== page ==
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Traumatic brain injury_final

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  • 1. BY Prisco Nkembeng Arka Sen
  • 2. Background
    • Traumatic Brain Injury (TBI) is damage to the brain as the result of an injury.
    • The injury usually results from a violent blow or jolt to the head causing the brain to collide with the inside of the skull.
    • A penetrating object into the skull,
    • such as a bullet or a sharp piece object
    • can also cause TBI.
  • 3. Background con’t
    • Traumatic Brain Injury (TBI) is the leading cause of death and disability among persons in the United States.
    • TBI can range from mild to severe depending on the degree of severity.
    • From mild change in mental state or consciousness to severe with an extended period of unconsciousness.
  • 4. Background con’t
    • 1.7 million people sustain a TBI annually,
      • 52, 000 die
      • 275,000 are hospitalized
      • 1.365 million are treated and released from the hospital.
    • 30.5% of all injury-related deaths in the United States is due to TBI.
  • 5. Symptoms
    • Mild TBI
      • Loss of consciousness from a few seconds to minutes
      • Memory problems
      • Headache
      • Dizziness
      • Mood changes
      • Fatigue
      • Difficulty sleeping
    • Moderate to severe TBI
      • Loss of consciousness from a few minutes to hours
      • Profound confusion
      • Agitation
      • Slurred speech
      • Loss of coordination
      • Convulsion
      • Weakness
  • 6. Causes
    • Falls
    • Vehicle-related collisions
    • Violence
    • Sport injuries
    • Explosive blasts and other combat injuries
  • 7. Significance
    • Leading cause of death and disability
    • High economic burden of TBI in the U.S. (about 37.8 billion in 1985)
    • High emotional cost (premature death from TBI) can not be quantified.
    • TBI is an important Public Health problem in the United States that needs an immediate fix.
  • 8. Source of Information
    • College football player who committed suicide had brain injury, By Madison Park. CNN. September 14, 2010
    • BU team makes brain discovery. Metro Boston, September 20, 2010
    • Kids' brain injuries from basketball may be rising, MSNBC. September 09, 2010
    • Traumatic brain injury. CNN. September 16. 2010
    • Traumatic brain injury. (Mayo Clinic).
  • 9. Other professions affected by TBI
    • Medical Doctors
    • Nurses
    • School officials
    • Scientific Researchers
    • Public Health Administrators
    • Local lawmakers
  • 10. Implications to health education, health promotion and program planning
    • Primary prevention
    • Acute care and rehabilitation
    • Proper documentation and data collection
  • 11. Primary prevention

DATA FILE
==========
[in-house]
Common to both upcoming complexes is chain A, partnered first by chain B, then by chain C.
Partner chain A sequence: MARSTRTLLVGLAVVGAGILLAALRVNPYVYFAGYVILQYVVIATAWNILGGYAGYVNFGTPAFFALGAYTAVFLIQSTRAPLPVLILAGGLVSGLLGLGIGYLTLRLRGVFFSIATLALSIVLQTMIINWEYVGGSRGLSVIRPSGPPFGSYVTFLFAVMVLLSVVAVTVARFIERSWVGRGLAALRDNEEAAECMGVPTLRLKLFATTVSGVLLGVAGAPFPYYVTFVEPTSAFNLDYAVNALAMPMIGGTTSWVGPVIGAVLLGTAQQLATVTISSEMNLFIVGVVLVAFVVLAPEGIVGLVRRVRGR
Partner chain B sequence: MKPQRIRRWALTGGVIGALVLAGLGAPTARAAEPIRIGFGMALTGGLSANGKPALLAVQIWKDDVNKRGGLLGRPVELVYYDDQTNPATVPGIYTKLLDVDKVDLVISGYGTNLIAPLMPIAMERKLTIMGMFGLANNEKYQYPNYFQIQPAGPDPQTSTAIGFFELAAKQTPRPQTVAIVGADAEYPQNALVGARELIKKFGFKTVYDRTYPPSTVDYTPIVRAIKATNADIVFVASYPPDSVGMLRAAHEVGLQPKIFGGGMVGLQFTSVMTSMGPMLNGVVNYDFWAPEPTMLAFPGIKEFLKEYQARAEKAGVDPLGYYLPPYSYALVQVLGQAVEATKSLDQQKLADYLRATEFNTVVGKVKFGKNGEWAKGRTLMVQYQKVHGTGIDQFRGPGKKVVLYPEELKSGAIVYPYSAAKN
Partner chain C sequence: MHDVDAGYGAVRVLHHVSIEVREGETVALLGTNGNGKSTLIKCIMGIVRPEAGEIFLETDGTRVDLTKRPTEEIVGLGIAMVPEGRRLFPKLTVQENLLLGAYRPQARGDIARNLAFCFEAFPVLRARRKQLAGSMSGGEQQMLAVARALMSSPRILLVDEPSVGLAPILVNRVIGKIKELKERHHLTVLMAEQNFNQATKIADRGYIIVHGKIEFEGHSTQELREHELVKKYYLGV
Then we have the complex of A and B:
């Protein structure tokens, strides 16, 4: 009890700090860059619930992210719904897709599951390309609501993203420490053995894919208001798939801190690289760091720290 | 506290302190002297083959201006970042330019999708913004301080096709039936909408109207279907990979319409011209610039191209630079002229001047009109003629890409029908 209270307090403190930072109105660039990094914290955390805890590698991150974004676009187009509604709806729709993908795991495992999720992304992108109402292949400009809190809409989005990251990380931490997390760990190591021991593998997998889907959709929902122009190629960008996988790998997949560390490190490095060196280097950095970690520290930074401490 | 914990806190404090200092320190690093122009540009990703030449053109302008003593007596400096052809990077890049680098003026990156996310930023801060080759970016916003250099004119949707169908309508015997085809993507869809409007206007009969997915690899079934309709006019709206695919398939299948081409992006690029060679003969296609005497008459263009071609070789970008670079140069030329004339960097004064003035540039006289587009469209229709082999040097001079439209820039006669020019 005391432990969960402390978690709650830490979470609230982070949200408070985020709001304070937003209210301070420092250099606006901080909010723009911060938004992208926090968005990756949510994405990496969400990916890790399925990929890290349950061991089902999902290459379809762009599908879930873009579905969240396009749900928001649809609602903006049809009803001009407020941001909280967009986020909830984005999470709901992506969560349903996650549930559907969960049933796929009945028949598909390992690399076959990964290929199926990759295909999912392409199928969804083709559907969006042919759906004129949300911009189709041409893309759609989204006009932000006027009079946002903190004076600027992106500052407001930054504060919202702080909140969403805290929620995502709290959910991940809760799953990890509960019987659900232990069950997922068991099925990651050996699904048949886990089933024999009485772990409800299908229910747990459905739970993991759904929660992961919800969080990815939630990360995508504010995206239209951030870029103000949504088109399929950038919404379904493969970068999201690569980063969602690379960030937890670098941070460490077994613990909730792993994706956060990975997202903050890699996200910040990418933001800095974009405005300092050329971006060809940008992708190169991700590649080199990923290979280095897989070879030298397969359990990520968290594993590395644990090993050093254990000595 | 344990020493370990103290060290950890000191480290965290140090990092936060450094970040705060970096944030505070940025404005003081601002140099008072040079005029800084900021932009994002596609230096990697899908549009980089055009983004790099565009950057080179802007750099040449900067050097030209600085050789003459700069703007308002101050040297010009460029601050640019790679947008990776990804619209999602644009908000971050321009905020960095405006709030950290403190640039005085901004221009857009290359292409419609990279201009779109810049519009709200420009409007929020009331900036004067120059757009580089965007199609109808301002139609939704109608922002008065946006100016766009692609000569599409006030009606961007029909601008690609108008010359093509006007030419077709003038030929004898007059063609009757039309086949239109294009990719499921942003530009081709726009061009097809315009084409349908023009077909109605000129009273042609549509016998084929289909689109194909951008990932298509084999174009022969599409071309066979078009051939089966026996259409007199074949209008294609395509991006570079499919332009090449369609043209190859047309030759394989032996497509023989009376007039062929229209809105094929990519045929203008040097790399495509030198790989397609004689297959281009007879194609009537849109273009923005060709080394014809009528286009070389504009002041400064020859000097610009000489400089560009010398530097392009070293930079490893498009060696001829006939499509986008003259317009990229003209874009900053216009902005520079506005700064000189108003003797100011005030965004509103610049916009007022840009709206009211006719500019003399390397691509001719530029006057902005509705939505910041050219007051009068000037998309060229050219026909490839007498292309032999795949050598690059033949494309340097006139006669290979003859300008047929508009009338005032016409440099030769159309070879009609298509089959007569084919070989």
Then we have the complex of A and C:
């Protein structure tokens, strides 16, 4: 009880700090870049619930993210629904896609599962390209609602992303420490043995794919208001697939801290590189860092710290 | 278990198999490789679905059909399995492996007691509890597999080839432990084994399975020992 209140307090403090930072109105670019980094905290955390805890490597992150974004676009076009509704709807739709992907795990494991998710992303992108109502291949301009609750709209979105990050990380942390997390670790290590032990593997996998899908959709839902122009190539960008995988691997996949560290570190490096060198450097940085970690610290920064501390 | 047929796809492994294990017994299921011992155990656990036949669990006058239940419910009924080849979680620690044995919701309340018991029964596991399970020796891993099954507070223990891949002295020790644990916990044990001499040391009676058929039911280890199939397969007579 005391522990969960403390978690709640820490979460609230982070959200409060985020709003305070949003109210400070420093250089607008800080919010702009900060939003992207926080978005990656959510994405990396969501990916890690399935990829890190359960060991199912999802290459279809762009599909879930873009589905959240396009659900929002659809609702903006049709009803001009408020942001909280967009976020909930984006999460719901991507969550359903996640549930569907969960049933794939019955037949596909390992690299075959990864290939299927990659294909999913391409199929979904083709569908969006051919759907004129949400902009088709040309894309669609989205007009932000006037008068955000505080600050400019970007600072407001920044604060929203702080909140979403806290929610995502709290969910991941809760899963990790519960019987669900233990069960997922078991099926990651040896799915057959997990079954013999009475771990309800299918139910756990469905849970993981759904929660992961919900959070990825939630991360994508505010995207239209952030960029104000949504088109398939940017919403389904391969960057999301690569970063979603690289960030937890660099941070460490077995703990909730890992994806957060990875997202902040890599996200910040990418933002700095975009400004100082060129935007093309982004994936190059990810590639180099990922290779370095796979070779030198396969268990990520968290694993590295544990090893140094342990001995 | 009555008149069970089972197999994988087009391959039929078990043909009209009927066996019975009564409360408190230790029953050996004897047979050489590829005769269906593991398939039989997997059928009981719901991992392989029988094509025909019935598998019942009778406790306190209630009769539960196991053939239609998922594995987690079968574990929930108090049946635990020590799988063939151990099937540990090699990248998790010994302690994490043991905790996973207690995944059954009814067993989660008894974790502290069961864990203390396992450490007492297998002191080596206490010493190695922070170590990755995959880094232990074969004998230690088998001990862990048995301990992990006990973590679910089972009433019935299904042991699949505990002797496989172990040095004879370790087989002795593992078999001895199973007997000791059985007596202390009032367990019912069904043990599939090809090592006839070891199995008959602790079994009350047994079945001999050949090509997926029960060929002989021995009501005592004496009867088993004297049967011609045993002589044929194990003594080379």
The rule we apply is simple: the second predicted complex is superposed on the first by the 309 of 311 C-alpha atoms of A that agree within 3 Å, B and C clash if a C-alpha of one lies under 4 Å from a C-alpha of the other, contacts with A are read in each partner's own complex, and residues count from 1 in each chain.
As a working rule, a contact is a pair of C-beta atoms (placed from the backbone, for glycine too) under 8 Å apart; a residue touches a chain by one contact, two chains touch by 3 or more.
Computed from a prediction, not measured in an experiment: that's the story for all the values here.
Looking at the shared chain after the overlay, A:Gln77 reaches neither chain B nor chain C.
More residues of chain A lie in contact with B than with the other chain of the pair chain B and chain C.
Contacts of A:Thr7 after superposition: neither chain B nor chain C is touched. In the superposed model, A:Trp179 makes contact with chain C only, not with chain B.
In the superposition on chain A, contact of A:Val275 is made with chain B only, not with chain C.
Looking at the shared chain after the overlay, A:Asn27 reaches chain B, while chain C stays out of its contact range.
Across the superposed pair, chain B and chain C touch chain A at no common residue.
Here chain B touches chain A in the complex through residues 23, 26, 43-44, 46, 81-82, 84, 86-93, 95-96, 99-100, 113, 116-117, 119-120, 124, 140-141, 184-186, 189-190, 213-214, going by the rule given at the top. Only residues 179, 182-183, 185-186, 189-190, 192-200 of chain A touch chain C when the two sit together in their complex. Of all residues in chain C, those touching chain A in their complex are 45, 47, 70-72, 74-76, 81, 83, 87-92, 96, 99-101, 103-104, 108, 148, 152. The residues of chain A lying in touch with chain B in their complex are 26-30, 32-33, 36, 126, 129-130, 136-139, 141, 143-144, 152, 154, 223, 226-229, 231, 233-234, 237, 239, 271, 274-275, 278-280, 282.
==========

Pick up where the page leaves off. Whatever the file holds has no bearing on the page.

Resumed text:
• Health education is key
    • TBI from transportation crashes :
      • Increase seat belt /helmet use
      • Increase child safety seat use
      • Equip cars with air bags
      • Decrease driving under the influence of drugs
    • TBI from Violence:
      • Laws regulation fire arms
      • Programs to decrease self-directed or interpersonal violence
  • 12. Primary Prevention
    • TBI from falls:
      • Modify the environment
      • Reduce the use of medications with side effects the increase fall risk
    • TBI from sport injury:
      • Helmets
  • 13. Acute care and Rehabilitation
    • TBI may alter a person’s career or vocational aspirations with profound effects on social and family relationships.
      • Impairment of cognitive function
      • Emotional instbility
    • We need to treat people who sustained TBI with Acute Care and Rehabilitation because the condition has such a profound affect on their lives.
  • 14. Proper documentation and data collection
    • Better information on the occurrence of TBIs and its surrounding circumstances help in the required to properly target prevention.
    • Health practitioners and policy makers need that data to ensure that services are available to the public.
    • Society is more likely to take action against the ravages of traumatic brain injury if it understands how pernicious, pervasive, and huge the problem is.
  • 15. Challenges
    • There is a difference in case definition of TBI thereby including some negative cases, and excluding some positive cases.
    • There are limited data sources which makes research and decision making (policy) difficult.
  • 16. References
    • Thurman, D., Alverson, C., Dunn, K., Guerrero, J., Sniezek, J., (1999). Traumatic brain injury in the United States: A public health perspective. Journal of Head Trauma Rehabilitation 14(6), p602-615
    • Barber, J., Research, prevention and quality assurance in traumatic brain injury: A public hospital perspective. Journal of the National Medical Association, 87(1), p15-16
  • 17. References con’t
    • Traumatic Brain Injury in the United States: Emergency Department Visits, Hospitalizations and Deaths. Atlanta (GA):Centers for Disease Control and Prevention, National Center for Injury Prevention and Control; 2004.
    • Center for disease control and prevention (CDC).
  • 18. Questions
    • How important is policy development in addressing the prevalence of TBI?
    • What measures can high school football coaches take in preventing TBI?
    • Do you think addressing TBI requires “up-stream” interventions or “down-stream” interventions?